Roles of rifampicin in drug-drug interactions: underlying molecular mechanisms involving the nuclear pregnane X receptor
School of Pharmacy, Faculty of Science, Technology and Engineering, La Trobe University, Bendigo, Vic 3550, Australia
Annals of Clinical Microbiology and Antimicrobials 2006, 5:3 doi:10.1186/1476-0711-5-3Published: 15 February 2006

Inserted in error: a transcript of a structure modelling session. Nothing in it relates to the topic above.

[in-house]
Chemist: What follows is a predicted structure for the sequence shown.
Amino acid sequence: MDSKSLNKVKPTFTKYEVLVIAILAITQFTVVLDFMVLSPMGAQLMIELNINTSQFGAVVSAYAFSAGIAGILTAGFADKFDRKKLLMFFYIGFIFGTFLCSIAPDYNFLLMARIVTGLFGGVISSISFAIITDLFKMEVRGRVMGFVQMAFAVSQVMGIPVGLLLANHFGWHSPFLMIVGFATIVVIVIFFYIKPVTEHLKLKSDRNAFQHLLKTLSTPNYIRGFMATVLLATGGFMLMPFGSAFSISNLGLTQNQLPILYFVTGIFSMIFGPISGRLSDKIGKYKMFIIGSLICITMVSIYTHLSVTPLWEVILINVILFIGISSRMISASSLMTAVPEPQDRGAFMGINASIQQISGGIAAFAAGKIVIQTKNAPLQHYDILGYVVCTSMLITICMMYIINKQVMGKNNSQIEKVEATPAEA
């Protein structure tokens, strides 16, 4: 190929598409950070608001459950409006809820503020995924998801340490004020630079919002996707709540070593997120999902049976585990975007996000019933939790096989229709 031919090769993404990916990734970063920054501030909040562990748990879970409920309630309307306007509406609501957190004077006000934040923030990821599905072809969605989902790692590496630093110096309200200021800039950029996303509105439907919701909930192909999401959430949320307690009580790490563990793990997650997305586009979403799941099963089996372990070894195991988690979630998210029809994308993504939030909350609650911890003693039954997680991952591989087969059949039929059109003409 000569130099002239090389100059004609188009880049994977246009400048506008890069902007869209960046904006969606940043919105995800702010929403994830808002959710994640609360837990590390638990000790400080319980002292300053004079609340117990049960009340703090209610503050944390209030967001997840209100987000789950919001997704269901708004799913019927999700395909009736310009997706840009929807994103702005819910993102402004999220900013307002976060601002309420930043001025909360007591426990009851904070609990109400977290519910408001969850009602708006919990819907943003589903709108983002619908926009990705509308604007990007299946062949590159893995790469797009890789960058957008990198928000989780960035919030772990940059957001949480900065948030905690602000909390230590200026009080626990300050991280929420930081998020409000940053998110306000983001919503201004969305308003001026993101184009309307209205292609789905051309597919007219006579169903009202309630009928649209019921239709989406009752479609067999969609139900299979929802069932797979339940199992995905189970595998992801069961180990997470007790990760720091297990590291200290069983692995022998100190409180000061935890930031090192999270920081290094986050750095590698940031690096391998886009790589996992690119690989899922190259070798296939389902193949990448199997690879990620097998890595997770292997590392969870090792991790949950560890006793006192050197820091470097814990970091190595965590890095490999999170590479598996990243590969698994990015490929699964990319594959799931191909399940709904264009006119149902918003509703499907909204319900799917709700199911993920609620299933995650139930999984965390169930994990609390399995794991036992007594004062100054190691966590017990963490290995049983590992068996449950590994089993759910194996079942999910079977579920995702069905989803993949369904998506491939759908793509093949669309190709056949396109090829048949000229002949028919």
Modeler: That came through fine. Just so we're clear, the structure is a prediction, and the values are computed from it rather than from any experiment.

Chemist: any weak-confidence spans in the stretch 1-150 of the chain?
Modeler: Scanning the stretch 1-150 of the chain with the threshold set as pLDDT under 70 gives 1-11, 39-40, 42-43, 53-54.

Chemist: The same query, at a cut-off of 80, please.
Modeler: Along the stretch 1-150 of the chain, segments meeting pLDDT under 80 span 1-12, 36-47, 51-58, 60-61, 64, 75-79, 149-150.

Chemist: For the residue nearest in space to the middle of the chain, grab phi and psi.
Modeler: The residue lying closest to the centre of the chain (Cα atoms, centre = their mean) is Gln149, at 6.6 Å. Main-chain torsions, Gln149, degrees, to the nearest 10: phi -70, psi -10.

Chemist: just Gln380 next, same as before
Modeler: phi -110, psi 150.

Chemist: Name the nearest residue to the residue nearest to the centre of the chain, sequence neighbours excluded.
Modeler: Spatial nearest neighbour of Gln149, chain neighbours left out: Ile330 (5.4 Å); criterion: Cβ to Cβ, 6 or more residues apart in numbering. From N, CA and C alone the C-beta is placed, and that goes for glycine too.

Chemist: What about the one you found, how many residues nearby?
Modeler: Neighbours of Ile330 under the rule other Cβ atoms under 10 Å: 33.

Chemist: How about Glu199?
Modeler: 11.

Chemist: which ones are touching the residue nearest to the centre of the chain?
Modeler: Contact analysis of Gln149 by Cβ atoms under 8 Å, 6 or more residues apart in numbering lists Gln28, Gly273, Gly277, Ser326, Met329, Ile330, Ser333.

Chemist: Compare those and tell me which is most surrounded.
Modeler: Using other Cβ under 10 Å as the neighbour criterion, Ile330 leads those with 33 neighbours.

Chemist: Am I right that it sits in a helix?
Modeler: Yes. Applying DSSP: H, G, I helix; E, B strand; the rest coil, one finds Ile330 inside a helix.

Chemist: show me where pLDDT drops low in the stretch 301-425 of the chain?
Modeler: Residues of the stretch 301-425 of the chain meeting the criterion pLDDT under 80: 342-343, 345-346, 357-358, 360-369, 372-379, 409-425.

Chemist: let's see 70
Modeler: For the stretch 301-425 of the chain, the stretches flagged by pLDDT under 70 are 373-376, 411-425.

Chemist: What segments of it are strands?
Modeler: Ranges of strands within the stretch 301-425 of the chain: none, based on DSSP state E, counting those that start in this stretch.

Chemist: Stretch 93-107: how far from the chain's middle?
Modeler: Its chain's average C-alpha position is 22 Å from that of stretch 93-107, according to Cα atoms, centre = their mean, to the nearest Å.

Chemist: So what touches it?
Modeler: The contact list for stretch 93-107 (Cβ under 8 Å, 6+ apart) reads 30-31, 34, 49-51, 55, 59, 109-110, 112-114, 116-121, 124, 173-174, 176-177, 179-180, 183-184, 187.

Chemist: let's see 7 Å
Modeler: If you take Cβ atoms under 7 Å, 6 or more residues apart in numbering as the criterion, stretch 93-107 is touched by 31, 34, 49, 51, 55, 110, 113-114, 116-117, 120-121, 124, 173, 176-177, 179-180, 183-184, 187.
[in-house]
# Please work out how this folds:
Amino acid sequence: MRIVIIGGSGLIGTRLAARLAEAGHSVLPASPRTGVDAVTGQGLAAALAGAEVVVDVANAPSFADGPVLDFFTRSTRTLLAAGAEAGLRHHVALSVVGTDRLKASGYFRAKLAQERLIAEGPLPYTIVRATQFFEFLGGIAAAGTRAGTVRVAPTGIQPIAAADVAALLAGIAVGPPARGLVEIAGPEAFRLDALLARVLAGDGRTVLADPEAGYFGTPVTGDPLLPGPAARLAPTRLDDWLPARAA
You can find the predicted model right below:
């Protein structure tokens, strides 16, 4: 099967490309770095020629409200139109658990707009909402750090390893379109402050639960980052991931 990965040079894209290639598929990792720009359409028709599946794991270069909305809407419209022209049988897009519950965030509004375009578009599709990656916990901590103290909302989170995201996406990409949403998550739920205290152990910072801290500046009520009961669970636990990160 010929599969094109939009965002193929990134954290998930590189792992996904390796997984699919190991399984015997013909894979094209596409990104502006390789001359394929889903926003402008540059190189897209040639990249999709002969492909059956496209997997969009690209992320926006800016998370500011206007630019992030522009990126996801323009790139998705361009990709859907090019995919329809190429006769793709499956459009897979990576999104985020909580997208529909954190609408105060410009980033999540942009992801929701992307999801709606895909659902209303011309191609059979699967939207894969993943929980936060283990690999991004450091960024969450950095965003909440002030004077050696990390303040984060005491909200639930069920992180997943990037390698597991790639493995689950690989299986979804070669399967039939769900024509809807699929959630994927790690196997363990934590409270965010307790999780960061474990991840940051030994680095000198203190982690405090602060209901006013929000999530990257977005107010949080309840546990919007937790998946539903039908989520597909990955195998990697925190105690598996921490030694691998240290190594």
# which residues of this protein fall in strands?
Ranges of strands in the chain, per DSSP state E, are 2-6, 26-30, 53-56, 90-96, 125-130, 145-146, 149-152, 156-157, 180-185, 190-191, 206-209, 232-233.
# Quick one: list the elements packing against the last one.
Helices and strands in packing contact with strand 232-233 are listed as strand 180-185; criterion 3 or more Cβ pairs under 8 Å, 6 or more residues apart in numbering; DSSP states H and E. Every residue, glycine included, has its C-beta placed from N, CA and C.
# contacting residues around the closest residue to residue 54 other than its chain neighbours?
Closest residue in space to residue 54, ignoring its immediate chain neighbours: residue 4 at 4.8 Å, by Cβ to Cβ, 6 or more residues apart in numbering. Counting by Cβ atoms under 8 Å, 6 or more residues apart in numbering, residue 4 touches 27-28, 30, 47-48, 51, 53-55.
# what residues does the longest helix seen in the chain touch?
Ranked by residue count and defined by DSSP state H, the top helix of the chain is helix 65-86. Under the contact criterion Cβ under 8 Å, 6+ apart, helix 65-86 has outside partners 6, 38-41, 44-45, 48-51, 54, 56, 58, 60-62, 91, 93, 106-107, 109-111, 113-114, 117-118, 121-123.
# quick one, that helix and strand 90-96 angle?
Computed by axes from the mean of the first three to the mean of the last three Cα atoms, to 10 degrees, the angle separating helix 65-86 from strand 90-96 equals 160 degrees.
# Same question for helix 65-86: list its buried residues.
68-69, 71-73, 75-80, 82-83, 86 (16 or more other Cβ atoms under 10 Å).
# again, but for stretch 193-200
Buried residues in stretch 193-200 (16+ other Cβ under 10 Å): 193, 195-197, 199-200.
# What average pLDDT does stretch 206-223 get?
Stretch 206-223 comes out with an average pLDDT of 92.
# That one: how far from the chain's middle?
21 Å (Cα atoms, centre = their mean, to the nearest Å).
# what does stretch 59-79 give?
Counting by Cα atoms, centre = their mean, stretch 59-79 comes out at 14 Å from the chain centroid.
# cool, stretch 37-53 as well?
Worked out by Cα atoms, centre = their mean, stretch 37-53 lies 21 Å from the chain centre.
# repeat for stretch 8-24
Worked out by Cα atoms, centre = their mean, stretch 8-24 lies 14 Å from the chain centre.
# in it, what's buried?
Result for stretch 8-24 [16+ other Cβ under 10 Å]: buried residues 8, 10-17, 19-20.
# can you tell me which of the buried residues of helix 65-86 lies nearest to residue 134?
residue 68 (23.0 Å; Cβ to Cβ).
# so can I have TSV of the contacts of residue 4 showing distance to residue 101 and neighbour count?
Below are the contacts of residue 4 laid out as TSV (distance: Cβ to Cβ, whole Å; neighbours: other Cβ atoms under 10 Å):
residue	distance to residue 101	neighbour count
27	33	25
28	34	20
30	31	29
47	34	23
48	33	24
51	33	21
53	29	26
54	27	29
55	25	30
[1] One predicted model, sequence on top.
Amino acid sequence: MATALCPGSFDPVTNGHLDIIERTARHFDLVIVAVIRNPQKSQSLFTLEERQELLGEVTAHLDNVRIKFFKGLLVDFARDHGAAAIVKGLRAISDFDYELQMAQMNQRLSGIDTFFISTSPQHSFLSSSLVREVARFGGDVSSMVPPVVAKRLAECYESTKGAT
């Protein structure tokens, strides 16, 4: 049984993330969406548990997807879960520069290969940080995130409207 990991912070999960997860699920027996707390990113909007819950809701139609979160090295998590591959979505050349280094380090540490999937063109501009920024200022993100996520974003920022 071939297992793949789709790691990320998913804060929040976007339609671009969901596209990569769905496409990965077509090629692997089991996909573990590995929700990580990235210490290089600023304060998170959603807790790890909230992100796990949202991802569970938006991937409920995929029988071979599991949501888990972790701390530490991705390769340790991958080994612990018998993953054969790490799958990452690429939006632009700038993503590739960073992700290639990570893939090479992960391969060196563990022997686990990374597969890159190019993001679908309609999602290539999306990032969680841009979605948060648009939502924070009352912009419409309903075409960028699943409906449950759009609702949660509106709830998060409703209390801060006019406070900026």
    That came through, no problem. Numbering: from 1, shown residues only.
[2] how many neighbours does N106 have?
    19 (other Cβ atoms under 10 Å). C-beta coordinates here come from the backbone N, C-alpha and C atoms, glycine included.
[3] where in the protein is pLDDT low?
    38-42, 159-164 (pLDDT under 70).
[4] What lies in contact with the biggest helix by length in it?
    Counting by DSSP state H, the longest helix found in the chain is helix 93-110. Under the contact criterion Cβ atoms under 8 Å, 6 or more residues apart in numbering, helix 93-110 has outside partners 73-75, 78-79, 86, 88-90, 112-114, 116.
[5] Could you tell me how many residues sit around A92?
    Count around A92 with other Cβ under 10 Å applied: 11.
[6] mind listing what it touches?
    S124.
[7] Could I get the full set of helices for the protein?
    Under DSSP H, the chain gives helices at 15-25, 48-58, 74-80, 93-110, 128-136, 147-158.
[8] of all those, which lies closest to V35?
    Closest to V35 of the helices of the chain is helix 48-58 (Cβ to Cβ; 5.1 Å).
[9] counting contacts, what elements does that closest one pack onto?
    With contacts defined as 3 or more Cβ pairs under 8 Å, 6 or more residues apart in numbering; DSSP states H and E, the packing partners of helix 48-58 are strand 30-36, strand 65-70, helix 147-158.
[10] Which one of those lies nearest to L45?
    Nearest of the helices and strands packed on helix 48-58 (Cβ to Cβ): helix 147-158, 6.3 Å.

Rifampicin, an important drug in the treatment of tuberculosis, is used extensively despite its broad effects on drug-drug interactions, creating serious problems. The clinical importance of such interactions includes autoinduction leading to suboptimal or failed treatment. The concomitantly administered effects of rifampicin on other drugs can result in their altered metabolism or transportation that are metabolised by cytochromes P450 or transported by p-glycoprotein in the gastrointestinal tract and liver. This review paper summarises recent findings with emphases on the molecular mechanisms used to explain these broad drug-drug interactions. In general, rifampicin can act on a pattern: rifampicin activates the nuclear pregnane X receptor that in turn affects cytochromes P450, glucuronosyltransferases and p-glycoprotein activities. This pattern of action may explain many of the rifampicin inducing drug-drug interactions. However, effects through other mechanisms have also been reported and these make any explanation of such drug-drug interactions more complex.